Francisco A. Laguna
This week, TransLegal continues our series on recent legislative changes in India, focusing on a proposal by the Securities & Exchange Board of India (“SEBI”) that could ultimately affect an Indian company’s ability to raise capital and provide possible exit strategies for early stage investors.
Numerous Indian start-ups have innovative business models that seek to create or expand business opportunities or increase efficiency for existing business activities, including software development and e-commerce companies. These companies tend to be run by professional management, have low asset bases, long gestation period and limited founding member equity participation.
SEBI refers to these companies as “Knowledge-based Technology Companies”. SEBI understands that the laws currently applicable to these start-ups, including those governing small and medium enterprises (“SME”) do not allow them to raise capital effectively. To address this issue, SEBI proposes to amend the listing rules to enable these Knowledge-based Technology Companies to raise capital from India’s public markets.
The SEBI proposal would introduce the following changes.
Knowledge-based Technology Companies would be permitted to raise capital on the Institutional Trading Platform (“ITP”) through initial public offerings, provided that no person or persons acting in concert hold over 25% of the share capital.
Investors would be limited to qualified institutional buyers (“QIBs”) and non-institutional investors (“NIIs”). Retail investors will not be permitted to purchase shares of Knowledge-based Technology Companies at the IPO stage. The definition of a QIB would be expanded to include NBFCs and family offices / trusts, provided they are registered as alternate investment funds ( AIFs), as well as any entity registered with the SEBI with a net worth of more than INR 500 Crores.
75 % of the IPO must be reserved for QIBs. Allotments would be on a discretionary basis, provided no QIB is allotted more than 5 % of the issue. Allotments for NIIs would be proportional and spill-over from the NII portion would be allowed.
Investment in this segment would be treated as unlisted for Category I and II AIFs to allow them to satisfy their investment limits in unlisted securities.
The minimum application size will be INR 10 lakhs and the offer must be subscribed by no less than 500 allottees.
The issuer would need to remain listed on this restricted segment of the exchange for at least 1 year after the IPO, at which point it can apply for listing on the national exchanges, provided they satisfy applicable listing criteria.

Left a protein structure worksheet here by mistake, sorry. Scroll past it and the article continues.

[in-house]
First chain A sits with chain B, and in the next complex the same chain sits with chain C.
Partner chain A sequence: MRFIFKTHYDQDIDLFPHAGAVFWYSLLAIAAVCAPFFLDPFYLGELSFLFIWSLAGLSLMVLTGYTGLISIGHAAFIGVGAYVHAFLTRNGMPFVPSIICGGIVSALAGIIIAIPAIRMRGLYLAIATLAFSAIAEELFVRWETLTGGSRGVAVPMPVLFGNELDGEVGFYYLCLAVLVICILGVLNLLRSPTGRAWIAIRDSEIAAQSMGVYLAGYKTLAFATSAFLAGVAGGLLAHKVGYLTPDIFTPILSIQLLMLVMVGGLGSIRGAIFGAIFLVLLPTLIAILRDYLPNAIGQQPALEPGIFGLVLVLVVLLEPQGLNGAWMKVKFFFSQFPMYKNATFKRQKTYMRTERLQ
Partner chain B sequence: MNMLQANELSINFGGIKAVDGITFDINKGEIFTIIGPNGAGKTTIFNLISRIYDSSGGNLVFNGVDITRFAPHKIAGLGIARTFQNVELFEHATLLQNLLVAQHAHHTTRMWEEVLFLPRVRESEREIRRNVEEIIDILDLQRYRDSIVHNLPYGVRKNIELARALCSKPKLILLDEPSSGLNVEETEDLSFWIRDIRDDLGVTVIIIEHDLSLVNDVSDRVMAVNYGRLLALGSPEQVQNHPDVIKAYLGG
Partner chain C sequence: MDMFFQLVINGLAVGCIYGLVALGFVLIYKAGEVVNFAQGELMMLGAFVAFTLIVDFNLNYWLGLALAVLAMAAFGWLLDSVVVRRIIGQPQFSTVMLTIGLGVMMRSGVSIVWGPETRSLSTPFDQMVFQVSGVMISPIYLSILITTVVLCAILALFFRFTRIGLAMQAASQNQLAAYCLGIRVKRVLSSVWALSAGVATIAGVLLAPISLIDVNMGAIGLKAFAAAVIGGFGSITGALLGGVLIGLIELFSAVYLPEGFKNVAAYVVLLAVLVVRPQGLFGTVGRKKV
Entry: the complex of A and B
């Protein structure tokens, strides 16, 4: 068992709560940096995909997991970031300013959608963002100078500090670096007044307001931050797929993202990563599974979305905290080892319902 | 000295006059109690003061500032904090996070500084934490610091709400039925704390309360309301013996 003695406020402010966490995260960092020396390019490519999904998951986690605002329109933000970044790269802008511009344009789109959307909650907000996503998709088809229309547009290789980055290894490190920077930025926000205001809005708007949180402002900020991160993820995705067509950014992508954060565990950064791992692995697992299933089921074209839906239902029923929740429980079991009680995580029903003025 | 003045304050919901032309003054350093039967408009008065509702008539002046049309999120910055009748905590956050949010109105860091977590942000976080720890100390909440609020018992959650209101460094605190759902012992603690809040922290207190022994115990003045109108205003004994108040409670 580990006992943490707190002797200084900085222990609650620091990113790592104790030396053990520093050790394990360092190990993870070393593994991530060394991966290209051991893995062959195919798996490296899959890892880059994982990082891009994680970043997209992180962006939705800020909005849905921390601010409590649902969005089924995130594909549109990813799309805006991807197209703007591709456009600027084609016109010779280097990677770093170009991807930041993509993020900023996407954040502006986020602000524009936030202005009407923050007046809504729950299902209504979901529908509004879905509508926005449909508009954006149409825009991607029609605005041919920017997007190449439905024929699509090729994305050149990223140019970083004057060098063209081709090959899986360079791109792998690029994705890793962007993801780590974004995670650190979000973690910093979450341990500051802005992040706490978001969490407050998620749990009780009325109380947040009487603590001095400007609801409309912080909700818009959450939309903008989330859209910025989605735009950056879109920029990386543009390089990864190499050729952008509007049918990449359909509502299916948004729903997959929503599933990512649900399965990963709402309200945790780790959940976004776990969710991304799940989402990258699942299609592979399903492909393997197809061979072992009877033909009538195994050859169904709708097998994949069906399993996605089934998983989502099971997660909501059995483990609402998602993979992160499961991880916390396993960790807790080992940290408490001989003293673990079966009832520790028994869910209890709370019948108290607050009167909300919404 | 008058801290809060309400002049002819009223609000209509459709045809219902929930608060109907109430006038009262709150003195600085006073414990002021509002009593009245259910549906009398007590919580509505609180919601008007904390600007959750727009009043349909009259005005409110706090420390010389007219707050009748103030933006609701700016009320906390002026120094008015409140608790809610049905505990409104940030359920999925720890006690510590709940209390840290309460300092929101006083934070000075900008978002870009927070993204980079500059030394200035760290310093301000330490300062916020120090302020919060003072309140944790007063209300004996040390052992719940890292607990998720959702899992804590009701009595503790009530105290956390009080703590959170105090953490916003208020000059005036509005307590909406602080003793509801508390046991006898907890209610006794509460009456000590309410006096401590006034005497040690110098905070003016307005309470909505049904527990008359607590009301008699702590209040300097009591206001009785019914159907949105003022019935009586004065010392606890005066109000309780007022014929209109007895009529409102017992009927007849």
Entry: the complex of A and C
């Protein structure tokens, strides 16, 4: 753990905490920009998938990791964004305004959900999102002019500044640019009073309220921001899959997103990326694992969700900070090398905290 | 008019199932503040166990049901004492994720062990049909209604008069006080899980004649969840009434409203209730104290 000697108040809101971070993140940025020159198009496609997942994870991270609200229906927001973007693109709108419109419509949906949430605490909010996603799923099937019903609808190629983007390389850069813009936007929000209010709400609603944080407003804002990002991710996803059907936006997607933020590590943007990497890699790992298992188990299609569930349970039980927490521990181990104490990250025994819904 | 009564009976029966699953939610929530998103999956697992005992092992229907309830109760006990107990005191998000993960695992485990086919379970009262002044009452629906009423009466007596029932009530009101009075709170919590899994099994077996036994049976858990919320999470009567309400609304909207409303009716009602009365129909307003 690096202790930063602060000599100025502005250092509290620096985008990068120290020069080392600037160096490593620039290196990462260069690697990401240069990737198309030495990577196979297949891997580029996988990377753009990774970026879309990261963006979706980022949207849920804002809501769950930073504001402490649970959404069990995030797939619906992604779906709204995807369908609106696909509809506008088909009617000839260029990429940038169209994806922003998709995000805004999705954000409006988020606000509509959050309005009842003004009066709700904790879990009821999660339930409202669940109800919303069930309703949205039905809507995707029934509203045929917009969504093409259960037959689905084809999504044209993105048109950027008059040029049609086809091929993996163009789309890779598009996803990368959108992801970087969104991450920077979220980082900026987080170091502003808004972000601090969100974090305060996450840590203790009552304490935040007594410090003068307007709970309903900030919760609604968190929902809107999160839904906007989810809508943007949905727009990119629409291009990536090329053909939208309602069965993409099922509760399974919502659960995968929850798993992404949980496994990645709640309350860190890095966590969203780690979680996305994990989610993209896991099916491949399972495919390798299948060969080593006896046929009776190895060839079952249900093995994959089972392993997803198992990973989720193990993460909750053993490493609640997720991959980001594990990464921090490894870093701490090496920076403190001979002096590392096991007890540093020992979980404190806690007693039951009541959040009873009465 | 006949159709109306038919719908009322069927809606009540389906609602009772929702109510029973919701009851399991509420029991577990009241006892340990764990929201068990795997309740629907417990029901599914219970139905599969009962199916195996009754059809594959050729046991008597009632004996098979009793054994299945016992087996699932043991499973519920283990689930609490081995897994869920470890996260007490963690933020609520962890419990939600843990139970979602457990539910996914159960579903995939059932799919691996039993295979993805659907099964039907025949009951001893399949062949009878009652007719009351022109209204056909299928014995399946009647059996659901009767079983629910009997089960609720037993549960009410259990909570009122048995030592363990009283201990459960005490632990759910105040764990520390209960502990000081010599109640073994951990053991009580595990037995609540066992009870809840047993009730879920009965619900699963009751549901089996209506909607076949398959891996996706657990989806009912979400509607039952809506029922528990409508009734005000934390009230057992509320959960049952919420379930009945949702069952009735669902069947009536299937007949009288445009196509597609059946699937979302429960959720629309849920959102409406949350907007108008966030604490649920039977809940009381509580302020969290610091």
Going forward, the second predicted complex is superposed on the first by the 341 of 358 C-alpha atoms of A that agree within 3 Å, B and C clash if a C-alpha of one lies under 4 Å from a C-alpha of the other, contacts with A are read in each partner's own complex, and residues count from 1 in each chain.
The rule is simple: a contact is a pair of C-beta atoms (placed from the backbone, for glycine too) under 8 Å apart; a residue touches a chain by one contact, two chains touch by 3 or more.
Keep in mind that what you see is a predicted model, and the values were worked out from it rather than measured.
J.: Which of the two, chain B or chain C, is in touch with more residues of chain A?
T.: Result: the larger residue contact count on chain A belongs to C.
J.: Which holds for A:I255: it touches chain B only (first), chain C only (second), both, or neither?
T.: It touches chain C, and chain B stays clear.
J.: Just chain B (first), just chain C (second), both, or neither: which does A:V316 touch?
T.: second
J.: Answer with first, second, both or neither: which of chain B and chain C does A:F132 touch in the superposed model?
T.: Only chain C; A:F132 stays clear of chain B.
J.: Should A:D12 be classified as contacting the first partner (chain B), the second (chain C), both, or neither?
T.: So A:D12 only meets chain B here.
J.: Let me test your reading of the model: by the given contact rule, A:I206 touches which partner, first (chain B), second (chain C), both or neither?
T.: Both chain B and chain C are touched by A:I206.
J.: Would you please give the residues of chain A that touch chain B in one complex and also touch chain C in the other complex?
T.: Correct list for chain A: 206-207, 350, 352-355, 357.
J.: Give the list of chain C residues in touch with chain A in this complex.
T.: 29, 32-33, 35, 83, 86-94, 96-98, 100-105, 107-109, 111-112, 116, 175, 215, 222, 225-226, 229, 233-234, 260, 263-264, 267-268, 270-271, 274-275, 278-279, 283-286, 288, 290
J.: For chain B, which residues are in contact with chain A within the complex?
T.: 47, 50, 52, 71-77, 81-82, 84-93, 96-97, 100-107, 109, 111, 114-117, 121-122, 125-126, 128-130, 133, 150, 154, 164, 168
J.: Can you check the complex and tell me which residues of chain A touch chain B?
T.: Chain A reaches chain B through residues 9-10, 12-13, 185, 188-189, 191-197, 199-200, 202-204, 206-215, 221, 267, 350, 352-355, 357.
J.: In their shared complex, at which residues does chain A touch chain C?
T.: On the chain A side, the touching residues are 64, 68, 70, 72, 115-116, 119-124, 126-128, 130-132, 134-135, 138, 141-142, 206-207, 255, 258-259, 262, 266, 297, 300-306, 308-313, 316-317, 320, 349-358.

The entire pre-issue capital must be locked-in for 6 months, with no separate lock-ins for promoters.
The issuer will be required to file a draft IPO document with SEBI for comments. However, rules for Knowledge-based Technology Companies would be slightly more flexible, as described below.
The main purpose of the IPO can include general corporate purposes and the disclosures may be restricted to broad objectives.
IPO disclosures related to the determination of the issue price falls within the discretion of issuers; however, the offering may not include income or other financial projections.
The issuer has discretion to include disclosures related to group companies, litigations (other than criminal cases, regulatory and tax matters) and creditors (though complete details to be made available on the website) based on whether such disclosures are material for purposes of determining whether to invest in the company.
Given the range of business activities available to start-up Knowledge-based Technology Companies, the SEBI should promote a broad definition for eligible companies to allow as many entities to participate in this approach to raising capital.
As indicated above, the founders of Knowledge-based Technology Companies typically end up as minority shareholders. Consequently, they need promoters. The SEBI recognizes this reality, and its proposal provides more flexible rules for post-issue lock-in requirements than those generally applicable to listed companies., The SEBI Proposal is silent on the criteria for determining promoters or whether the issuer will be permitted to list without a named promoter.
Although founders are often minority shareholders, most Indian start-ups have more than 1 founder. These founders tend to be unrelated parties, except for their joint operational control which results from the fact that each is a shareholder. If these founders are deemed to be”persons acting in concert”, their combined holdings would likely exceed 25%, which would disqualify the company from this participating in this avenue to raise capital. SEBI has yet to issue any proposed guidance on this issue.
SEBI’s final qualification criteria and related definitions will determine the program’s success. If this issue is not appropriately addressed, the program will have limited practical effects.
Considering that retail investors will not be permitted to invest in the IPOs of the Knowledge-based Technology Companies, it is unclear why SEBI has imposed a minimum 500 subscriber requirement. Since most QIBs are often unwilling to assume limited positions, most issuers may not be able to meet this threshold for practical reasons.
Importance for Private Equity
SEBI’s proposal would result in a change in access to India’s public capital markets, which is likely to have long-term effects on the country’s venture capital and private equity industry. SEBI’s proposed reforms would allow Knowledge-based Technology Companies and other Indian start-ups much necessary access to institutional and other qualified investors.
Call TransLegal with your questions concerning Indian laws and regulations and how they may impact your proposed FDI projects.